How to get a strong recommendation letter when applying for a Master’s degree
If you’ll be applying for a Master’s degree programme soon, don’t underestimate recommendation letters and the power they have over making or breaking your application.
The recommendation letter is the only element of the Master’s degree application that isn’t written by yourself, so you’ll need to be sure you’re sending in a strong one that paints you in the best light professionally.
Not sure who you should ask to write you a letter of recommendation for your Master’s degree application? It is advised that you choose someone who knows you well professionally or academically, like a professor from your undergraduate programme.
It can also be someone with an advanced degree who has supervised you in a job or internship connected with the Master’s degree programme you’re pursuing.
Once you’ve identified who you should ask, the way you approach them should also be considered. Don’t just shoot them a DM or e-mail them, but call them personally to set up either a Zoom call or face-to-face, if possible.
According to Caroline Diarte Edwards from Fortuna Admissions, “As former Director of Admissions at INSEAD, I can affirm that a powerful letter of recommendation can tip the balance in your favour at decision time.
“Alas, the reverse is also true – I’ve also witnessed applications that were completely undermined because a candidate has obviously misunderstood their relationship with their recommender – whether the letter lacked detail or actually veered into negative commentary.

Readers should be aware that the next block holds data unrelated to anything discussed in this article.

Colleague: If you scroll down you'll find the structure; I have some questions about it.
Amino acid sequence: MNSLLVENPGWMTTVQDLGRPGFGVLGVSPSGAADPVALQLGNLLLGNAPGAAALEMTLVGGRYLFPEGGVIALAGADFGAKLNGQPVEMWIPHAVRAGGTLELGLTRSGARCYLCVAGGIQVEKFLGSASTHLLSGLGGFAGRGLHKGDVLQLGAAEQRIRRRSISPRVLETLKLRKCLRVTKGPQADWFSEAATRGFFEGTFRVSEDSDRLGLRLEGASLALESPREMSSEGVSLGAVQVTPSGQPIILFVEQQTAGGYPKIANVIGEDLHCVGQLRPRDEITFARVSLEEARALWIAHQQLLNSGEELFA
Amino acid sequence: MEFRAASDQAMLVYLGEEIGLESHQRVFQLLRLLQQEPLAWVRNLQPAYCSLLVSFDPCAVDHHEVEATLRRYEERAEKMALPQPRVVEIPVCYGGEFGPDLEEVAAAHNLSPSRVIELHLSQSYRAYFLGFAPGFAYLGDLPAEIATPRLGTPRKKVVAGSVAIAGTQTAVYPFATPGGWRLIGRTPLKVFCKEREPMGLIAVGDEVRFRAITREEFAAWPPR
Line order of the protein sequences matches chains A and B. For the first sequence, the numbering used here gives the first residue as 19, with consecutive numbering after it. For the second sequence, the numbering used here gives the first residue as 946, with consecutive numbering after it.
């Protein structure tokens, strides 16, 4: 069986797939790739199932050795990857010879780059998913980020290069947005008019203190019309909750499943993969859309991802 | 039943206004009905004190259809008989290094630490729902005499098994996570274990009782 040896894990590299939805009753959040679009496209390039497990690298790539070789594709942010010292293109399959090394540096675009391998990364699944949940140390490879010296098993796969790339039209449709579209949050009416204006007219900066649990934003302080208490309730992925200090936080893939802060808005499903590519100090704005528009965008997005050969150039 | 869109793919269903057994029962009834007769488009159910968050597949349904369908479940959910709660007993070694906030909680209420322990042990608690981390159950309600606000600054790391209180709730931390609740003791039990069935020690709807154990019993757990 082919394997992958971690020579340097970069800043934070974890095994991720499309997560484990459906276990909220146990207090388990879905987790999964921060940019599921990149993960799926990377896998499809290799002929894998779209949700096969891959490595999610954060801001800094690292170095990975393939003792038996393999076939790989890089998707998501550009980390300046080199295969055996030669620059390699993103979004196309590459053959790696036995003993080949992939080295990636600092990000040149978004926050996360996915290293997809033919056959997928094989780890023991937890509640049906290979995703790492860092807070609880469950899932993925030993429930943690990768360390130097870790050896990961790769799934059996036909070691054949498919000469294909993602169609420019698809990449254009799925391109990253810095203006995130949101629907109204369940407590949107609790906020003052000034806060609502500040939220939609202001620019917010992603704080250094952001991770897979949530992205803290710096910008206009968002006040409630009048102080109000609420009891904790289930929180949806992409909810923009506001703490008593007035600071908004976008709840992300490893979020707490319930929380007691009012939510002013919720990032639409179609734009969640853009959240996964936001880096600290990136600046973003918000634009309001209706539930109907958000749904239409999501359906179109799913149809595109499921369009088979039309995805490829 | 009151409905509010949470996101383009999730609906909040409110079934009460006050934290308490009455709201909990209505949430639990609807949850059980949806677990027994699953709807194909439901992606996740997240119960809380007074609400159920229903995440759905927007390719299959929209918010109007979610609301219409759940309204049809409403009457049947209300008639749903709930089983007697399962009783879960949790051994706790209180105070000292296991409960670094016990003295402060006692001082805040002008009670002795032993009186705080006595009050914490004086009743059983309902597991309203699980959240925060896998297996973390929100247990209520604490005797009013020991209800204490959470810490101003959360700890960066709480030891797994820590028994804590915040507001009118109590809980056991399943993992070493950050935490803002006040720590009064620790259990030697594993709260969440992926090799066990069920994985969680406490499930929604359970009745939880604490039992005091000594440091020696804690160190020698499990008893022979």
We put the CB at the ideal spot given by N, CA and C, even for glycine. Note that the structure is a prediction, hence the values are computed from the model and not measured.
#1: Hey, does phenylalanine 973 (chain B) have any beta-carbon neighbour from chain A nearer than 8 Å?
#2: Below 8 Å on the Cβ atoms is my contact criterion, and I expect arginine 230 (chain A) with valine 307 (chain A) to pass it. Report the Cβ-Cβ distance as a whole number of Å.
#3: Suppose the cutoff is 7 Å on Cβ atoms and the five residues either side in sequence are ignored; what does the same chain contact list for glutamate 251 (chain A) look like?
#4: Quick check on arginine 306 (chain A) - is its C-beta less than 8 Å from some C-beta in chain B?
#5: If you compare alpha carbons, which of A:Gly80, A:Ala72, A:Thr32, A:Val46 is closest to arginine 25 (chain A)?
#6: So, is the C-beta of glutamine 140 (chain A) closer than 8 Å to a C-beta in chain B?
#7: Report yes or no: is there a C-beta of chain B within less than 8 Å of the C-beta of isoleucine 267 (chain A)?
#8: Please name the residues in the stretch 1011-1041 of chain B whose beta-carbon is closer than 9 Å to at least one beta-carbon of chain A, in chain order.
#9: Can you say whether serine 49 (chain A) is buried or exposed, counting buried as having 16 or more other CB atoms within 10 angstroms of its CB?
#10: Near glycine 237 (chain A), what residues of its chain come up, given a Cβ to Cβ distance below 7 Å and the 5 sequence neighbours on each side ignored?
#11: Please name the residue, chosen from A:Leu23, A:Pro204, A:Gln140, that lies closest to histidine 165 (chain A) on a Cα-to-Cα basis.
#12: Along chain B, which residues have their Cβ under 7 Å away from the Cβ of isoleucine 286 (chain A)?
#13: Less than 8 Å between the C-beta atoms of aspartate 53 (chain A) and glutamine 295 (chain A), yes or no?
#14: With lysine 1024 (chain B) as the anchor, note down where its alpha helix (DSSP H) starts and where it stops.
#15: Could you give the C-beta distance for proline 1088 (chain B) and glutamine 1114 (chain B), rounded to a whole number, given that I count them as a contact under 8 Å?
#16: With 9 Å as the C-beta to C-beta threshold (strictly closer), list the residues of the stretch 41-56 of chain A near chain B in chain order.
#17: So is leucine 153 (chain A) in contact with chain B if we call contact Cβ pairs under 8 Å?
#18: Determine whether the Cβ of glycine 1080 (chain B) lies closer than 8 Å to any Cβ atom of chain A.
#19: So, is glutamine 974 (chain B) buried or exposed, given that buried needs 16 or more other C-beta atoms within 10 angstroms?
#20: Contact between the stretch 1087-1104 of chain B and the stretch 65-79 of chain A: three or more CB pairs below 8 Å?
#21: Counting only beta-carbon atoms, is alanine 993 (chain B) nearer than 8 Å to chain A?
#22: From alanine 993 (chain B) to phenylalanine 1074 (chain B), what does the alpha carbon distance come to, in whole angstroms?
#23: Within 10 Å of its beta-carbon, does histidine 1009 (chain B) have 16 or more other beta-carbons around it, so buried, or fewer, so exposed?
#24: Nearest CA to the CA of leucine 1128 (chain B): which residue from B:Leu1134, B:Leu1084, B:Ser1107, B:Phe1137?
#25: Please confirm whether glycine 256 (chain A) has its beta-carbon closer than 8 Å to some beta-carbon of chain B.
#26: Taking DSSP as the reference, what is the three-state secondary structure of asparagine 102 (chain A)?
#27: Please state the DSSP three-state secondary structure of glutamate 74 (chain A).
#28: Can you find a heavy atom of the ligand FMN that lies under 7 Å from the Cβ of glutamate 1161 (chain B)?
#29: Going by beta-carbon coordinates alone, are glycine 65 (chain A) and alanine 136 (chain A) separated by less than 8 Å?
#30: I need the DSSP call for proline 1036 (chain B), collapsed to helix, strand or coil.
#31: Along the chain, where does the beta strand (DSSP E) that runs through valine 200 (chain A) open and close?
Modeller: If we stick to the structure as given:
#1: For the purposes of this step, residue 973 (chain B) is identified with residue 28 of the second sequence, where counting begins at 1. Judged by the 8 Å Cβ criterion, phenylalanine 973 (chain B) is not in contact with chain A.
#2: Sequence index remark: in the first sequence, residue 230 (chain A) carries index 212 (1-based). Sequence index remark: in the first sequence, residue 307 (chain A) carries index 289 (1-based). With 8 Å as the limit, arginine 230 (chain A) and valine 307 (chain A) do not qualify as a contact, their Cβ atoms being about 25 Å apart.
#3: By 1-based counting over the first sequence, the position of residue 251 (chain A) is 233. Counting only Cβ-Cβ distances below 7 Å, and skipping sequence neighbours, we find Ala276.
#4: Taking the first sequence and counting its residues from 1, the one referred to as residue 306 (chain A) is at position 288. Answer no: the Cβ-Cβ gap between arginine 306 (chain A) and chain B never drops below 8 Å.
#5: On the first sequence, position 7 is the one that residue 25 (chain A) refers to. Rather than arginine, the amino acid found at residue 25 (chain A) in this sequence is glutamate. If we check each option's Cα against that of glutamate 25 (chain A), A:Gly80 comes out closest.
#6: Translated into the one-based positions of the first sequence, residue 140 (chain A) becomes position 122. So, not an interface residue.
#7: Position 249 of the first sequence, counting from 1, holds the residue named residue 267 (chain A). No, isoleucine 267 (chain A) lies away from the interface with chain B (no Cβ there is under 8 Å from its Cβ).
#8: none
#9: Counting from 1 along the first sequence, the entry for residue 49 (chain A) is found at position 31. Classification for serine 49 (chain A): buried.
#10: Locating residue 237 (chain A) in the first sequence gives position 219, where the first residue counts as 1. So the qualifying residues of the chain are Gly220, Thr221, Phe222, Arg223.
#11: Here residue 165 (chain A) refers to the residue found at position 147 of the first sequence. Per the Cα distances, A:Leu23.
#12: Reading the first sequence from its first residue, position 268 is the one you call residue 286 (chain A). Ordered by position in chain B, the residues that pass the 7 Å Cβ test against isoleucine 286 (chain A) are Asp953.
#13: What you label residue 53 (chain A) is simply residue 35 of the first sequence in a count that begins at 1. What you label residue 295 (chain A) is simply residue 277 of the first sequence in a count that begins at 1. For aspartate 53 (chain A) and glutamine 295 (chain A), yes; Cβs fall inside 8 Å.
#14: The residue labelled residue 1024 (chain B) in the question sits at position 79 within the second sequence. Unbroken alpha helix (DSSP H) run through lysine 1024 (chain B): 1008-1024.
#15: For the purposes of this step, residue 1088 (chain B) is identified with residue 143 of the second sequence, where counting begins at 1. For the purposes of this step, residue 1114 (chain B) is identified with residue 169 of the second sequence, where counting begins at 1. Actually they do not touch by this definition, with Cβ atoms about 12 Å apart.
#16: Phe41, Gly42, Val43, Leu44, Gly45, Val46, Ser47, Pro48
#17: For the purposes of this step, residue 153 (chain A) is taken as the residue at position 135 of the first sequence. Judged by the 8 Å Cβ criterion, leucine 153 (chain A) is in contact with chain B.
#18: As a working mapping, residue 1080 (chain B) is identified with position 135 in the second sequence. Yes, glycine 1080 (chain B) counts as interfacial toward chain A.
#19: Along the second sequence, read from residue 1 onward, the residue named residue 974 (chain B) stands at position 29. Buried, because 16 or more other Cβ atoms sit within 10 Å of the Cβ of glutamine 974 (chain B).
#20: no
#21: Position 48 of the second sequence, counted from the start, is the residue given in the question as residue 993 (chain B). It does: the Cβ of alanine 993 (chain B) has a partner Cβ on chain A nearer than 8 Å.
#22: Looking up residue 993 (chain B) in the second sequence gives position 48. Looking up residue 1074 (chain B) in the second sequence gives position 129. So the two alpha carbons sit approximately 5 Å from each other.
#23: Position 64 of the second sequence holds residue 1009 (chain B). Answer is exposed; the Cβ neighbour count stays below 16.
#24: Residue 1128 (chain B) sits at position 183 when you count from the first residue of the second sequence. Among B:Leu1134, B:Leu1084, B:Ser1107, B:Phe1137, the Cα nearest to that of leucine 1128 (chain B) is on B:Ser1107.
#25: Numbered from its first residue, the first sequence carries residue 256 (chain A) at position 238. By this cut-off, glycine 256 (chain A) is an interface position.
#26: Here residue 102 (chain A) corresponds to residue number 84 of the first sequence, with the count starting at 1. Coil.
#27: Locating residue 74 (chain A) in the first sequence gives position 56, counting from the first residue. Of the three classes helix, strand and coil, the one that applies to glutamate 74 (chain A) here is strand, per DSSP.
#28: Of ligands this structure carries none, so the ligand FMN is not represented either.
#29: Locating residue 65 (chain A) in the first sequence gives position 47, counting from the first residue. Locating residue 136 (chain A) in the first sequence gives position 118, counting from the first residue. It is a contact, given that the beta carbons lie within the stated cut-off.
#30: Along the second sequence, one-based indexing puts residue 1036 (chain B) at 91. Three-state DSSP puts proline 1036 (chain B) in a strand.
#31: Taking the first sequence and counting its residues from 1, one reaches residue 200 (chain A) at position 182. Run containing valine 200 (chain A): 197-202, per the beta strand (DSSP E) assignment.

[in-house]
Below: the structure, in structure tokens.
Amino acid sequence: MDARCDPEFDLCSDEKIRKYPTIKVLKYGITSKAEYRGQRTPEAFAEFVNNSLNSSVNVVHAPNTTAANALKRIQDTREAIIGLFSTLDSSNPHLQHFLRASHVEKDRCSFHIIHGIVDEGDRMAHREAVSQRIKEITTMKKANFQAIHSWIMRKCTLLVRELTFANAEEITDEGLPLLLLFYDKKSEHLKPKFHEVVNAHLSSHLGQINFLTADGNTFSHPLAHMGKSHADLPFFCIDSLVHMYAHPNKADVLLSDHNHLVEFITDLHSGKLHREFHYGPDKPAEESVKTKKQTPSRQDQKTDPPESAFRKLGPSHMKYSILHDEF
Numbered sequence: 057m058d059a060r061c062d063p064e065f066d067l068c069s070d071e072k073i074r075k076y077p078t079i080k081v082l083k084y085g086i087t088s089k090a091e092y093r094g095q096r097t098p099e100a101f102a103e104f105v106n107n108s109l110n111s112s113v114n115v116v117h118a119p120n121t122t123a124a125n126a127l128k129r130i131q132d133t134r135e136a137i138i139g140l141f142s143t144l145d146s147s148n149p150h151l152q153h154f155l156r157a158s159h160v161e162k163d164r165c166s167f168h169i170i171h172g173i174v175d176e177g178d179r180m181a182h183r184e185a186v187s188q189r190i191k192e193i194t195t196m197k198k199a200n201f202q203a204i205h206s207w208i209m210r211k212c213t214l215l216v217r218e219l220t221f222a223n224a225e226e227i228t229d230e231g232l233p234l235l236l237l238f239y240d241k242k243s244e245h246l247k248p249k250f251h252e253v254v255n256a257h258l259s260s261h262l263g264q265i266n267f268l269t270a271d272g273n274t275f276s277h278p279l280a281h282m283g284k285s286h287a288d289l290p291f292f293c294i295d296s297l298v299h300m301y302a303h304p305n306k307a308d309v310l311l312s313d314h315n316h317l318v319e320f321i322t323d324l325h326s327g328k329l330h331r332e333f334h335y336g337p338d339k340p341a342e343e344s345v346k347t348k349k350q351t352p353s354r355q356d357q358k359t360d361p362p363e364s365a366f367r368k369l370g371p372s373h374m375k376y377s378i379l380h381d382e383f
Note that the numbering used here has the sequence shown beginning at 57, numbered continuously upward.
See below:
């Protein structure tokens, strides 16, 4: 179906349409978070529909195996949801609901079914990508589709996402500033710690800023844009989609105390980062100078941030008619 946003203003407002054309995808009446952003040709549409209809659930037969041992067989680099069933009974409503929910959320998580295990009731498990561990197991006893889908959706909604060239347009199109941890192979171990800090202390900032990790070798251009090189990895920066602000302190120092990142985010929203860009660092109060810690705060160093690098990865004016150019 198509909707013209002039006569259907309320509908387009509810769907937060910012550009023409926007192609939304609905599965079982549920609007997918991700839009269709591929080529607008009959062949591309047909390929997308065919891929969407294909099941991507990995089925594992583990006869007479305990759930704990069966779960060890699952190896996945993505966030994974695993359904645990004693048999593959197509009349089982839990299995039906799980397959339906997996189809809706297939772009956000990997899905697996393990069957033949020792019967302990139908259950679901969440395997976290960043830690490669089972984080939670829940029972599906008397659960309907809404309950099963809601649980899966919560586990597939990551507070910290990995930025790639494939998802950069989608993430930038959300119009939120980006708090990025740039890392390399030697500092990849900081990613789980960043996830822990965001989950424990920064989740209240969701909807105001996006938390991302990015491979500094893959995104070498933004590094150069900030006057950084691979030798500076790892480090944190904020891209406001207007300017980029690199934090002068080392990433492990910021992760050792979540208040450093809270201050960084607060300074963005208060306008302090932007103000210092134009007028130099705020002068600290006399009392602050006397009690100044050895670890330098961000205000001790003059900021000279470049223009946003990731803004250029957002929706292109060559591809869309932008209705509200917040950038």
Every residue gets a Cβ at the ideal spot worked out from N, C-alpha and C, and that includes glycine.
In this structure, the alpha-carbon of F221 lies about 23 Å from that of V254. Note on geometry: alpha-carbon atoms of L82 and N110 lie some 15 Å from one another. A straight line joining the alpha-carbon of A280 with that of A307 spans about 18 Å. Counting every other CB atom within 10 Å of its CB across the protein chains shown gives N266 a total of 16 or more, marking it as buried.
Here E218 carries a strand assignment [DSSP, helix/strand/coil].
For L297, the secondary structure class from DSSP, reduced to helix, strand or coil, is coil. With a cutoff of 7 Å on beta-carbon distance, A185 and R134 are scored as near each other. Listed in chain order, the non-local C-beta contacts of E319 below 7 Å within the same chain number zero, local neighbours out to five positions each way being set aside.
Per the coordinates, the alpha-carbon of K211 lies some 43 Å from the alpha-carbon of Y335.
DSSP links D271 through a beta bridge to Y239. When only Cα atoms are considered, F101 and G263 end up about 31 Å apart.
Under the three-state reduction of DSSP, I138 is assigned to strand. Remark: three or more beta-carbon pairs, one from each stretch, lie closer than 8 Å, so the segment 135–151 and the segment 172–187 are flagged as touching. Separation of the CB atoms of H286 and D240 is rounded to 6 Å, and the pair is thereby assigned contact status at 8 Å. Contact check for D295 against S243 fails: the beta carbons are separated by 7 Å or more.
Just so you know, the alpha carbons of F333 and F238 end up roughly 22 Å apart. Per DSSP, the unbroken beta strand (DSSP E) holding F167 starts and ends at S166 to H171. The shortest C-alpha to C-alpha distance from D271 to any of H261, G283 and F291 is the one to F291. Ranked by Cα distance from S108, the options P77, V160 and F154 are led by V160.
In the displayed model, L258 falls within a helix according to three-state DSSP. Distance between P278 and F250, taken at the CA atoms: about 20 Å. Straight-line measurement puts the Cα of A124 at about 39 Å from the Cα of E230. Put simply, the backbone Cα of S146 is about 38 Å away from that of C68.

“You need to be both planful and strategic to make sure your letter of recommendation is memorable for all the right reasons.”
The first step is to think carefully about who you’re asking to vouch for you through a recommendation letter, and if they’re the right person to be asking.
You must be sure that you have a relationship with them where they are able to not only write about your best qualities but also include examples. This gives you more credibility as an applicant rather than a generic letter filled with adjectives such as “smart” and “ambitious” without concrete examples of your character.
That being said, once you’ve asked a recommender to write you a letter, make sure to sit down with them and go over your accomplishments instead of leaving it up to them to craft the recommendation letter for your Master’s degree application.
Edwards advises prospective applicants to schedule a conversation with the person you’ve asked to write you a recommendation letter and walk them through your resume.
“Brainstorm your strengths and weaknesses with them, as they may have a different perspective than you. Make sure they’re prepared to speak to ways you can further develop – the MBA admissions committee wants to know how you’ve grown and how you’ve managed whatever issue has come your way.
“Follow up your discussion by sharing some bullet points about what you discussed. It’s not about being prescriptive but facilitating an effective process – don’t assume they know what they need to do just because your recommenders are accomplished professionals.”
Of course, don’t go so far as to write the letter for them or tell them what to write as the whole point of a recommendation letter for a Master’s degree application is to offer an authentic and credible voice.
Receiving a strong recommendation letter can take some time AS people can be busy and it’s done on a voluntary basis. Do respect your recommender’s time and don’t delay this step so you can be sure to get it done way ahead of time.